So the question is how a company this well known and respected could end up on the magic formula list. After all, the magic formula list is normally populated by upstart biotech companies with huge cash balances and ridiculous potential growth, but little in the way of consistent earnings, or fallen tech giants like Microsoft or HPQ with huge cash flows but serious questions about their future business models.
The simple answer is that the market is worried about two things.
First, the market is worried about a potential “patent” cliff, meaning that several of Pfizer’s big blockbuster drugs are about to go off patent, and the market is concerned with how Pfizer will replace them.
Second, the market is concerned about how ongoing healthcare reform will affect Pfizer.
However, the market may be missing a few things at these prices.
First, Pfizer’s stock is so low that the answer to the “what replaces blockbusters” question may simply be: who cares? While it’s risen a bit since 2009, it’s still trading relatively close to the levels that it traded at when Bruce Berkowitz had a huge investment in it, arguing that it traded close to its liquidation value.
And remember, Pfizer has a huge competitive advantage — their huge worldwide sales force allows them to create value simply by distributing a drug like no other company can. So even if tomorrow’s blockbuster isn’t in their pipeline currently, it’s entirely feasible that Pfizer could buy tomorrow’s blockbuster for a nice premium and still create a ton of value simply by pushing it through its sales force. In many ways, this “buy a small company for their portfolio and pump it through the sales force” advantage is similar to IBM’s practice.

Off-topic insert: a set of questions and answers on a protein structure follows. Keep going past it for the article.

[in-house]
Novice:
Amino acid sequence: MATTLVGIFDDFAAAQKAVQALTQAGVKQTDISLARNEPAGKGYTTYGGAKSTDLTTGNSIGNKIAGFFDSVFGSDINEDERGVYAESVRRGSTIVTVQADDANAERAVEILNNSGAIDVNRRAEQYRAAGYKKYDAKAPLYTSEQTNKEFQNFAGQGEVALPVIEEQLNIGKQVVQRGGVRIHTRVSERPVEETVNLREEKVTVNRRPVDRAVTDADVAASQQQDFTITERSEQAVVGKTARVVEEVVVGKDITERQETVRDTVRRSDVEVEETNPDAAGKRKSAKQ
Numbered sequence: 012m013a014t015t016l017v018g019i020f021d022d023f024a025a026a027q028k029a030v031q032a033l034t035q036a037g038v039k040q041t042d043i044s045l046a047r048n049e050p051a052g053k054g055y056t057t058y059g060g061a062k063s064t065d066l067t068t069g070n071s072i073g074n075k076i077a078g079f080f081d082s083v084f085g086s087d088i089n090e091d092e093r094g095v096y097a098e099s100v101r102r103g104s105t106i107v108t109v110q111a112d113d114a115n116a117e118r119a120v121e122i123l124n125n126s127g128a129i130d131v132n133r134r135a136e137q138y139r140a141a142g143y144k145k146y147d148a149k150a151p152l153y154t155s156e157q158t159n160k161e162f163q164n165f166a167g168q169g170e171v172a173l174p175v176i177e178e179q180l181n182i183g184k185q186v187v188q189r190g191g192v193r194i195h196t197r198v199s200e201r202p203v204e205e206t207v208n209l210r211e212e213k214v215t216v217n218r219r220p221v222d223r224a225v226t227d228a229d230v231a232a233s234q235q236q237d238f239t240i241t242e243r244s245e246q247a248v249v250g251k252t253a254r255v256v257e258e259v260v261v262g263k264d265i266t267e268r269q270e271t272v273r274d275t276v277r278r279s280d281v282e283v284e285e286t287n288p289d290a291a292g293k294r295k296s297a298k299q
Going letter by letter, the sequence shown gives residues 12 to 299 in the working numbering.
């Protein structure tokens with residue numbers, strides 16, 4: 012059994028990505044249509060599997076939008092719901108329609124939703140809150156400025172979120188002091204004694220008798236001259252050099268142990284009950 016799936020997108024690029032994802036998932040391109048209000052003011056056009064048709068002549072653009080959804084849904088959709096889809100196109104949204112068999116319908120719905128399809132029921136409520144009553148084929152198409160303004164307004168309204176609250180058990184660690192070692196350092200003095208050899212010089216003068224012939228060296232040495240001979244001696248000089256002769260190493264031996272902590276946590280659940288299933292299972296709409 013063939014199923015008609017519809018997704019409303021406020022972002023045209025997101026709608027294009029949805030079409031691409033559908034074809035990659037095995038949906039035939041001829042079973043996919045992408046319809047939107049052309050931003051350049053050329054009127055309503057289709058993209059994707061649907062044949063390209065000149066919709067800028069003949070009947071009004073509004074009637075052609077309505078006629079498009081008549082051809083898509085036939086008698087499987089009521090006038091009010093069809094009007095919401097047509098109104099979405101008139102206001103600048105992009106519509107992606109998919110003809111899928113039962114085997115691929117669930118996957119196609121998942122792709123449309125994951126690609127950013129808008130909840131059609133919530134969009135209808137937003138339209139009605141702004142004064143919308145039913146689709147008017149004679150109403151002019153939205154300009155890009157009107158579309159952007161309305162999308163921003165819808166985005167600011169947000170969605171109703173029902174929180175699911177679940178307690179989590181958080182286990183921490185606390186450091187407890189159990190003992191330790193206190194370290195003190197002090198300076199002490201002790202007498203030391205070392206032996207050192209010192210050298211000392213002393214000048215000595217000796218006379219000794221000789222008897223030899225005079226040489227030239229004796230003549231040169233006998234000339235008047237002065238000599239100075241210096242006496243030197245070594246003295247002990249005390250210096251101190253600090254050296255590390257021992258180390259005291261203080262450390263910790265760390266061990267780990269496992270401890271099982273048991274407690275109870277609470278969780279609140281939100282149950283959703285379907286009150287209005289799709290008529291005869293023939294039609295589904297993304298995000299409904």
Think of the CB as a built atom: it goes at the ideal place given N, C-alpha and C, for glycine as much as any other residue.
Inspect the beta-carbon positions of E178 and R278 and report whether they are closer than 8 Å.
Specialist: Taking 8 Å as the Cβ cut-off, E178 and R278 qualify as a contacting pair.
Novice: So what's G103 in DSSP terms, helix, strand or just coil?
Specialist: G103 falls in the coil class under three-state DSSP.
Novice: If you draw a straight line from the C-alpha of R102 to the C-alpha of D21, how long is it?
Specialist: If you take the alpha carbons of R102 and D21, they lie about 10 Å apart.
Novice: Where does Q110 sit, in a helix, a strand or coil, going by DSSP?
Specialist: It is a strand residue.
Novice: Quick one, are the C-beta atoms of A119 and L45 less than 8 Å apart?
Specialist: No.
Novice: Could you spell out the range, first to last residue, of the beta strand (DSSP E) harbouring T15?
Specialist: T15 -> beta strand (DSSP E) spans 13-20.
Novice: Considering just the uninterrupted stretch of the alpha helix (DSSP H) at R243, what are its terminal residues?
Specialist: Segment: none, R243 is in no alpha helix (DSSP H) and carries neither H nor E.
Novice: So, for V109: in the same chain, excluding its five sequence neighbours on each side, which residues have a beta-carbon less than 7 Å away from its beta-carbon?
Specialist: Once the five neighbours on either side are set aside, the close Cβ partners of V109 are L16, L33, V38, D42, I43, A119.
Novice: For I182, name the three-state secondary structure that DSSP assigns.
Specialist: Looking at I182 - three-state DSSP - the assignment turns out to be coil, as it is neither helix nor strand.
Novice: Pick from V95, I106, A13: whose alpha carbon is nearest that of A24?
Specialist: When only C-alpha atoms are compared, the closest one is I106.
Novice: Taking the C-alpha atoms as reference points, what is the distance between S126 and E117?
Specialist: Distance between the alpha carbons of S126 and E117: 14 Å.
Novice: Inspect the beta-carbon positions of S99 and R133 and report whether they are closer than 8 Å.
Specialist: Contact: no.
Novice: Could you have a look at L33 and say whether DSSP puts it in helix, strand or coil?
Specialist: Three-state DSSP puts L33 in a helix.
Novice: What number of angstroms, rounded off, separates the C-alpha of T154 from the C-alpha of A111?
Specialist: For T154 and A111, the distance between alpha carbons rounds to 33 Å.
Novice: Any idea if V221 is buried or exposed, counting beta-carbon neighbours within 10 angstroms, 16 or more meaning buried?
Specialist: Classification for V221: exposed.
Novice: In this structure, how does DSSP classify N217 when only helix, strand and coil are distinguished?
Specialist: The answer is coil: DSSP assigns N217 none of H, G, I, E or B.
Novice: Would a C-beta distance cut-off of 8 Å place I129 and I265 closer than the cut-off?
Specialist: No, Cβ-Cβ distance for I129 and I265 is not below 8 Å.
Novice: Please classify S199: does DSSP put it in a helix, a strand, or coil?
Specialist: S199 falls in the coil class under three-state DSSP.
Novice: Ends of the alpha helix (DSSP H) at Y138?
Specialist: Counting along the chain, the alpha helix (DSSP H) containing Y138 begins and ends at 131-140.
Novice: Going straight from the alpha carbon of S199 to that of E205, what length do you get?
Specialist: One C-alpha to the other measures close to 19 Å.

The answer to the second question is tougher to come by. But Pfizer has a long history (one century plus!) of surviving and thriving through changing regulation. It’s hard to believe that “Obama care” would put an end to that streak.
But what’s really exciting about Pfizer is the catalyst. The basics of the magic formula strategy is centered around buying unloved companies with competitive advantages selling at a discount, holding them for a year, selling them, and repeating the process. With just a one year time horizon, having a firm catalyst for value realization is really important. As a matter of fact, it’s one of the most important things we look for at GuruFocus’s micro-cap magic formula newsletter.
First, Pfizer is returning oodles of cash to shareholders. In the past year, they paid out over $15 billion in dividends and share buybacks (almost 10% of today’s market cap!) in addition to paying down $5.5 billion in debt. That’s exactly what you want from a company trading at a discount.
Second, Pfizer is selling off non-core businesses where they don’t have competitive advantages. The company sold several smaller divisions last year, is still considering some spin-offs or further sales of some medium sized divisions, and is about to sell its infant nutrition division at a hefty premium. And where will all of the cash from the sale go? You guessed it — towards more share buybacks and (likely) an increased dividend.
And remember, you’re not in bad company investing in Pfizer at today’s prices. While gurus like David Einhorn and Bruce Berkowitz are no longer in the stock, the stock isn’t trading very far from the price they invested at. Einhorn clearly thought the stock was worth much, much more than the low $20s (its current price), and several gurus still hold sizable positions in the stock.